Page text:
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Powerful time trial nearly knocks over classification

Leipheimer failed to overtake Evans

Leipheimer failed to overtake Evans (Image credit: Sirotti)

By Gregor Brown in Angoulême

Levi Leipheimer achieved his first-ever stage win in the Tour de France by hammering his way over the mainly flat parcours of the 55.5-kilometres between Cognac and Angoulême. It was something that the 33 year-old had always dreamed of and a win that came in his tenth year as a professional. Cyclingnews' Gregor Brown was in Angoulême to hear the American's reaction.

"I did not know during the warm up that I would be so good," explained a relaxed looking Leipheimer. Good was an understatement after he nailed his competition, sending the former fastest rider of the day, Vladimir Karpets (Caisse d'Epargne), packing with a time 1'56" better than the Russian. "Dirk [Demol] was giving me time checks from George Hincapie who had set the best time. I kept shifting down to the big gear; you feel it. It was a special day and I had the best day of my life."

Tensions built as the sun moved lower on the Charente horizon and Leipheimer pounded his way closer and closer to taking the race overall. No one had given the Discovery Channel rider much of a chance of stealing the maillot jaune, instead the pundits were focused on the battle between Contador and Evans. Yet after his performance on Saturday, Leipheimer moved to within 31 seconds of race leader Contador and eight seconds of Evans in the overall classification.

"I did not think I had a chance to win the Tour today, to be honest." The American's chances would have been even closer had he not received a ten second penalty earlier in the Tour - a gap now is keeping him from second overall. "Johan had asked the commissar about the penalty. I don't know if you can appeal or not. The commissar stood behind his decision and we have to accept that. If it were for the overall win it would have been more heartbreaking.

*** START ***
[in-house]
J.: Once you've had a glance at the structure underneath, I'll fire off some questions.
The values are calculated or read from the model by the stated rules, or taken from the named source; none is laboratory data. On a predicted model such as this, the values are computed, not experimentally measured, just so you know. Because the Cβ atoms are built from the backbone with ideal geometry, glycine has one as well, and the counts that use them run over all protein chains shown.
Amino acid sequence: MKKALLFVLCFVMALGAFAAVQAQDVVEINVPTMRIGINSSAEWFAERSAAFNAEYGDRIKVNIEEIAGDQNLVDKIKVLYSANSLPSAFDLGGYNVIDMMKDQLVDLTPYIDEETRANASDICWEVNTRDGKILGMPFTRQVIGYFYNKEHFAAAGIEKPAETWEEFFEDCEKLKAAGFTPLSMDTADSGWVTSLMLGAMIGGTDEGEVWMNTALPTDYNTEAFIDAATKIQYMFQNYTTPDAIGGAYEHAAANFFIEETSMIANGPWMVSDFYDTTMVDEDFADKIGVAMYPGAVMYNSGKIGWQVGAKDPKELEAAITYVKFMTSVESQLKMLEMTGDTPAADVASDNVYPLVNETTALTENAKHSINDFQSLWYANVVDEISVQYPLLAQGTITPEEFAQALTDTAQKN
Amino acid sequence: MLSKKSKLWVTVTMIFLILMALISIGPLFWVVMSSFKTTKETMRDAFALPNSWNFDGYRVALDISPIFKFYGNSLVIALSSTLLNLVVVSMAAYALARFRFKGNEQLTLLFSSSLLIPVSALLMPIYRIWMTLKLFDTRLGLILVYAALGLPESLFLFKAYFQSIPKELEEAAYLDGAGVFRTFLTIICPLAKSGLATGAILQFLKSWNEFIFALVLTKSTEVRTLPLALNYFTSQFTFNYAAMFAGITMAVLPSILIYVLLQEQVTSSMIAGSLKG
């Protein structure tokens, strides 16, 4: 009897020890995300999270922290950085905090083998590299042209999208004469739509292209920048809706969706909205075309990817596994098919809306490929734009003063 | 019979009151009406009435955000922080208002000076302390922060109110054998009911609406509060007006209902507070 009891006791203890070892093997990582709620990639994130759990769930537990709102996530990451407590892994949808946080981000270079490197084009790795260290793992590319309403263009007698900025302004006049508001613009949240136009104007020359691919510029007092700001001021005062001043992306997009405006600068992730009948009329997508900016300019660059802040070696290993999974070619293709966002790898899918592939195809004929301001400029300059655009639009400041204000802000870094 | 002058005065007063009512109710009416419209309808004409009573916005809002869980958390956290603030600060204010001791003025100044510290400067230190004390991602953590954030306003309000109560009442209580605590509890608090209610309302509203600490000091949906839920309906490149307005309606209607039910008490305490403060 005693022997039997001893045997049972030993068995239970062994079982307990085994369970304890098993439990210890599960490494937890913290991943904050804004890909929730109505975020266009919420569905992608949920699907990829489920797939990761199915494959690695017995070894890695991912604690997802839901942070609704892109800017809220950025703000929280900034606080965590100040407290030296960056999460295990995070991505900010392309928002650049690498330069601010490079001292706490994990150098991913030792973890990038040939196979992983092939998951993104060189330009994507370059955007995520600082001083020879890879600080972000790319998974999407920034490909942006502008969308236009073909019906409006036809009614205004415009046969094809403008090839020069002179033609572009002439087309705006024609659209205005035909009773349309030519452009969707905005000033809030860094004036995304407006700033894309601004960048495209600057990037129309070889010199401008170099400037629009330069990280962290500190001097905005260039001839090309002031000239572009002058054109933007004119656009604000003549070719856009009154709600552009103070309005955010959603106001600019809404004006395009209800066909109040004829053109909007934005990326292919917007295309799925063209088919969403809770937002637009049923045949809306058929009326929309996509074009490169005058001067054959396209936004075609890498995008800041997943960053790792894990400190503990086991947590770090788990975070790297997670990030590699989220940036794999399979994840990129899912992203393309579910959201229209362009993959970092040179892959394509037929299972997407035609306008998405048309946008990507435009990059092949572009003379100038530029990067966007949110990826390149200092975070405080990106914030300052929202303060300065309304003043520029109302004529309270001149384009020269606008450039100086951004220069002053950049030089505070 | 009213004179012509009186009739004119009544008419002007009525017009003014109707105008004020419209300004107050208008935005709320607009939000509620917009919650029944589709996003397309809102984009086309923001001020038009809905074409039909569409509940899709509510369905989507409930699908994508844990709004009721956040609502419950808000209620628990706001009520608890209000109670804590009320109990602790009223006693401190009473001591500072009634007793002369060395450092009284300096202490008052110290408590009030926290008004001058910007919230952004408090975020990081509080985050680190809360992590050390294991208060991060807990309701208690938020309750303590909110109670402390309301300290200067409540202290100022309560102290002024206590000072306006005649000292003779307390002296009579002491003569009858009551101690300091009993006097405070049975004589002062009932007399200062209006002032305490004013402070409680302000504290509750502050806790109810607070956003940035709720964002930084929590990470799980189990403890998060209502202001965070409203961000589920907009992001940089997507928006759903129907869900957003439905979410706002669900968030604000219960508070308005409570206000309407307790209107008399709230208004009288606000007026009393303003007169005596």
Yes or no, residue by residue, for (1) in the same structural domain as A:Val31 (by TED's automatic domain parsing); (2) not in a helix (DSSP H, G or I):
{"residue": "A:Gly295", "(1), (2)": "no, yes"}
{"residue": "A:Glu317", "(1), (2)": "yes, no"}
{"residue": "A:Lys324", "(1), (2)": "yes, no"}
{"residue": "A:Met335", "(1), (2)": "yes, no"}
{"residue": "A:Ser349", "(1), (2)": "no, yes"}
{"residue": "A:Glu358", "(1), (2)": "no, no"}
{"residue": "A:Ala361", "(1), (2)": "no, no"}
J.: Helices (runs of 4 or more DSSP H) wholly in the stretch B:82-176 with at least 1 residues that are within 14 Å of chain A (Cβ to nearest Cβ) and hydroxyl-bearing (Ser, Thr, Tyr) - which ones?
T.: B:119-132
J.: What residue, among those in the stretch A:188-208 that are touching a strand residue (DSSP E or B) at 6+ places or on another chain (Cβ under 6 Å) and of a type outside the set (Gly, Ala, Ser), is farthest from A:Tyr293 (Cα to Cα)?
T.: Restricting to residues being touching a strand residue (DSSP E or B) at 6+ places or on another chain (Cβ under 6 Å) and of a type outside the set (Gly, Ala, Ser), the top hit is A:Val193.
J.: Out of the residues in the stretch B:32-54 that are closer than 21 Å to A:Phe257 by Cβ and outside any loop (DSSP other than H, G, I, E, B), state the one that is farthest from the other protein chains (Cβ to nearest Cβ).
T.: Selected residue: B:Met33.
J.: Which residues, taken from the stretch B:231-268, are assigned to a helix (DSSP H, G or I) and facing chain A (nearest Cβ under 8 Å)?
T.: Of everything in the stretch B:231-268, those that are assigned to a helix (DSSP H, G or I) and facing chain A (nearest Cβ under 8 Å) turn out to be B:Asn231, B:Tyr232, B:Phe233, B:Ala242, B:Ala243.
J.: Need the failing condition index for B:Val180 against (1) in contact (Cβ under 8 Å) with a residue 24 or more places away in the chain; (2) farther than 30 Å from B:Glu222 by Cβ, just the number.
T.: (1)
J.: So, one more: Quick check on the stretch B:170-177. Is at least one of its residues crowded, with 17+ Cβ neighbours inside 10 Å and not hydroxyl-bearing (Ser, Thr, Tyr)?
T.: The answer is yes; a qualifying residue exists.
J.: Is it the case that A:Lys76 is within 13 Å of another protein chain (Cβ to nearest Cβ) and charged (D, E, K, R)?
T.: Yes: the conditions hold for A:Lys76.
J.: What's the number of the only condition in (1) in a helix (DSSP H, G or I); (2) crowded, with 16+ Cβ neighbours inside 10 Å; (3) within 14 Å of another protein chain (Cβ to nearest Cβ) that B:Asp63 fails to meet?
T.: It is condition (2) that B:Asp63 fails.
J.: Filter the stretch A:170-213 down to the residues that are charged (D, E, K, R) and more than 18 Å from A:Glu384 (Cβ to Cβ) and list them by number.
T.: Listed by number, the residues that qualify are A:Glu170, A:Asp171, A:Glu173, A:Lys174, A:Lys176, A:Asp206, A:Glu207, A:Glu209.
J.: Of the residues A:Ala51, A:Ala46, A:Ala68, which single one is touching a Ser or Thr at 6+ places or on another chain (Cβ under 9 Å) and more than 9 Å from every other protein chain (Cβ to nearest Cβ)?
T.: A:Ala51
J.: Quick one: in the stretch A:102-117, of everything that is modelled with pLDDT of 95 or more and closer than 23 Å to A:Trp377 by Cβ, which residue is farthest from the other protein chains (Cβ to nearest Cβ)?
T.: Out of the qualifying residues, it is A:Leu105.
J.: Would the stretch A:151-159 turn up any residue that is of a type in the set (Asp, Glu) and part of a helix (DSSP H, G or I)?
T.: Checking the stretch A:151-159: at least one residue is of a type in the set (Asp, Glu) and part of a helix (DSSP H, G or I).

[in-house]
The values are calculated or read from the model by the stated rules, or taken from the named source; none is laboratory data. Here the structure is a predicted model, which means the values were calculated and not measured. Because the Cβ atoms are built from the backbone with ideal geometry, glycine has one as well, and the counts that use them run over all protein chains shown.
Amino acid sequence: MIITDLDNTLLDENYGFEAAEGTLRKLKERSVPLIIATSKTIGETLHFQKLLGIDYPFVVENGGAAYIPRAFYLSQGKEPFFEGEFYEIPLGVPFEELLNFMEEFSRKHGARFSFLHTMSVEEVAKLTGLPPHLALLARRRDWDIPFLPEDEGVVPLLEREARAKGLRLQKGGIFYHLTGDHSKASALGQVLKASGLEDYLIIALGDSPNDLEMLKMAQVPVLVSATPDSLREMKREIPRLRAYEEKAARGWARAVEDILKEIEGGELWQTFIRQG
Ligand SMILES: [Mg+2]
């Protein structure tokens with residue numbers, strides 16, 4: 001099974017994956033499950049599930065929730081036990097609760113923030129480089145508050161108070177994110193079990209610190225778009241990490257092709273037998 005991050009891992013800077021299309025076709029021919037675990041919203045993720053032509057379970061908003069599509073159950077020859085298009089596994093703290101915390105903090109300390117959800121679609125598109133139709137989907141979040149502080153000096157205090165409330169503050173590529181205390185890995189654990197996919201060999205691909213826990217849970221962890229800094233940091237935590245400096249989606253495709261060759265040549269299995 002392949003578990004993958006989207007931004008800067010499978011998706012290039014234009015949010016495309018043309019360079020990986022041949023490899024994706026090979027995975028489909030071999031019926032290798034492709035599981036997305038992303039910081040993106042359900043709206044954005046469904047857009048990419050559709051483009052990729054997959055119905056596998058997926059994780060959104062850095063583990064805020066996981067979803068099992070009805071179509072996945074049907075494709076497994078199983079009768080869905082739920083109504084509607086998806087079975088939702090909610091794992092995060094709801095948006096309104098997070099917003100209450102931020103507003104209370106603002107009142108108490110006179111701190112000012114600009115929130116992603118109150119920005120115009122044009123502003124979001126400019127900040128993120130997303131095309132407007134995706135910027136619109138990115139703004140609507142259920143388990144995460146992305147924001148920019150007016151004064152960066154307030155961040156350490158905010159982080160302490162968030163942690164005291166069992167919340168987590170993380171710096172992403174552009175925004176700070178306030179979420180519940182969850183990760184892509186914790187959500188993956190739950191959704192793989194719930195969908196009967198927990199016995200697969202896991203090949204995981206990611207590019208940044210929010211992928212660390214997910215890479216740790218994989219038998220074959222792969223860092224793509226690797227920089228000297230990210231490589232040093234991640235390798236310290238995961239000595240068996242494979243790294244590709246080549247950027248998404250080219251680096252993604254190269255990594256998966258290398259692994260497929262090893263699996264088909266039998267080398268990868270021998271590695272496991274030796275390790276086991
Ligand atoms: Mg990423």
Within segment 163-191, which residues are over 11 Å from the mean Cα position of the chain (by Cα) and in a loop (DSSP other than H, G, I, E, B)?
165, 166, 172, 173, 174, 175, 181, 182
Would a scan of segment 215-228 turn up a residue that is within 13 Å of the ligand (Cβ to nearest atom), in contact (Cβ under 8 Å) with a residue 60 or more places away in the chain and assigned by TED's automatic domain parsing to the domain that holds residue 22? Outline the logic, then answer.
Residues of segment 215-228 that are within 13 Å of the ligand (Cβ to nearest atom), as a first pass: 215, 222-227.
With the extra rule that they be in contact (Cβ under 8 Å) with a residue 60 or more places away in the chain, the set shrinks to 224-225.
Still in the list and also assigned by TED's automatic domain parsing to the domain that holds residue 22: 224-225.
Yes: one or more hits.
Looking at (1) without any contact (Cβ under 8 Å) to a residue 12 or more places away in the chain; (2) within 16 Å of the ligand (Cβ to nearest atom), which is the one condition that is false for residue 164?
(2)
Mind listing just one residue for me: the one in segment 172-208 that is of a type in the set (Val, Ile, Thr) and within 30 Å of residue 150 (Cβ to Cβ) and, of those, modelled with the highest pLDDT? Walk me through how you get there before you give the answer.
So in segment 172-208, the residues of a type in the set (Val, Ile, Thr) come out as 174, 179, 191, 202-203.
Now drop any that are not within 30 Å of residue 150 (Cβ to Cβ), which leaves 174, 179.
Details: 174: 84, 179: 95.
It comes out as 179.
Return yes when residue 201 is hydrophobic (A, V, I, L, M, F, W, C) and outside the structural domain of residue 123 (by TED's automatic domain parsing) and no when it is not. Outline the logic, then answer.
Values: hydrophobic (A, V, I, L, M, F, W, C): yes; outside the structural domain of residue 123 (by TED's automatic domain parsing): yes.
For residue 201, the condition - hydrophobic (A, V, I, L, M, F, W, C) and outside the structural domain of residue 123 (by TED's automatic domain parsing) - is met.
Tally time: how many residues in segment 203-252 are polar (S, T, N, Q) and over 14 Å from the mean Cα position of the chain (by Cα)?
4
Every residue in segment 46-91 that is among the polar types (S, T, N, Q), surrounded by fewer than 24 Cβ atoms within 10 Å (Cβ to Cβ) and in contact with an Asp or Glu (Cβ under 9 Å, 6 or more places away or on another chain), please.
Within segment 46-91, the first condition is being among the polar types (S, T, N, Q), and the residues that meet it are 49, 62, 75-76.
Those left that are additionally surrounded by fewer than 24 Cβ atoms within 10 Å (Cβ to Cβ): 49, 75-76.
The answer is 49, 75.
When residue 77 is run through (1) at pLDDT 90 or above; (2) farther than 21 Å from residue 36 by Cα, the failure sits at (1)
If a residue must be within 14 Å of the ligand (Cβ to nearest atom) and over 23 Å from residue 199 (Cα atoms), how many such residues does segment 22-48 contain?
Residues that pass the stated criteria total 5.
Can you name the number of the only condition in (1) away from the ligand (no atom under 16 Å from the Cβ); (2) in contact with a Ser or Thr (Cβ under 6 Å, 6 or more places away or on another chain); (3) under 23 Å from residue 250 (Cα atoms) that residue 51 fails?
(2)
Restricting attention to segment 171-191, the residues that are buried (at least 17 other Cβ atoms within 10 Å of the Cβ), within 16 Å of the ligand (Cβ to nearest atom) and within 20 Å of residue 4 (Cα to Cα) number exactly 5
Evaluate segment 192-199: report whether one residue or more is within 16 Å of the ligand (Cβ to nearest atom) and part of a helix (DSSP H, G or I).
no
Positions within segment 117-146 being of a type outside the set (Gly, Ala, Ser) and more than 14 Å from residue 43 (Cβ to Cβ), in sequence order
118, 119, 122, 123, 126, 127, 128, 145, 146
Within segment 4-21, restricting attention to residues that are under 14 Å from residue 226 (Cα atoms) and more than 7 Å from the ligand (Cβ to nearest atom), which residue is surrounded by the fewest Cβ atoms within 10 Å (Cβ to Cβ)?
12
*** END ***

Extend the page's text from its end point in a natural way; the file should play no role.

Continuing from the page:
"We won this Tour [with Alberto Contador], barring any accident. I don't think I am going to pull off a massive sprint tomorrow, he [Cadel Evans] is a better sprinter than me anyway."

The win gave Leipheimer that coveted Tour stage that he always dreamed of, adding to Discovery's previous stage win on Plateau de Beille and the imminent overall win with Contador. "I am extremely happy to win the stage; it has been a life long dream. It has been a life long dream to ride the Tour! To stand on the podium tomorrow I imagine that it will be fantastic. I will be very happy for Alberto tomorrow, too.

"I finished and I was watching in the camper, yelling at the TV until Alberto crossed the line. I was just as happy for his GC win as I was for my stage win today."

The team had a special guest to help it prepare for the stage. Seven-time Tour winner Lance Armstrong arrived and followed in the team car of Johan Bruyneel.

"Normally he is very calm and collected," said Leipheimer of the Texan who appeared nervous in Cognac. "He was watching us warm up and I think it brought back memories for him. Watching us prepare our gloves and clean our glasses. He was helping tape radios in ears and asking us if we needed anything. He was very much in the groove and it helped motivate us."

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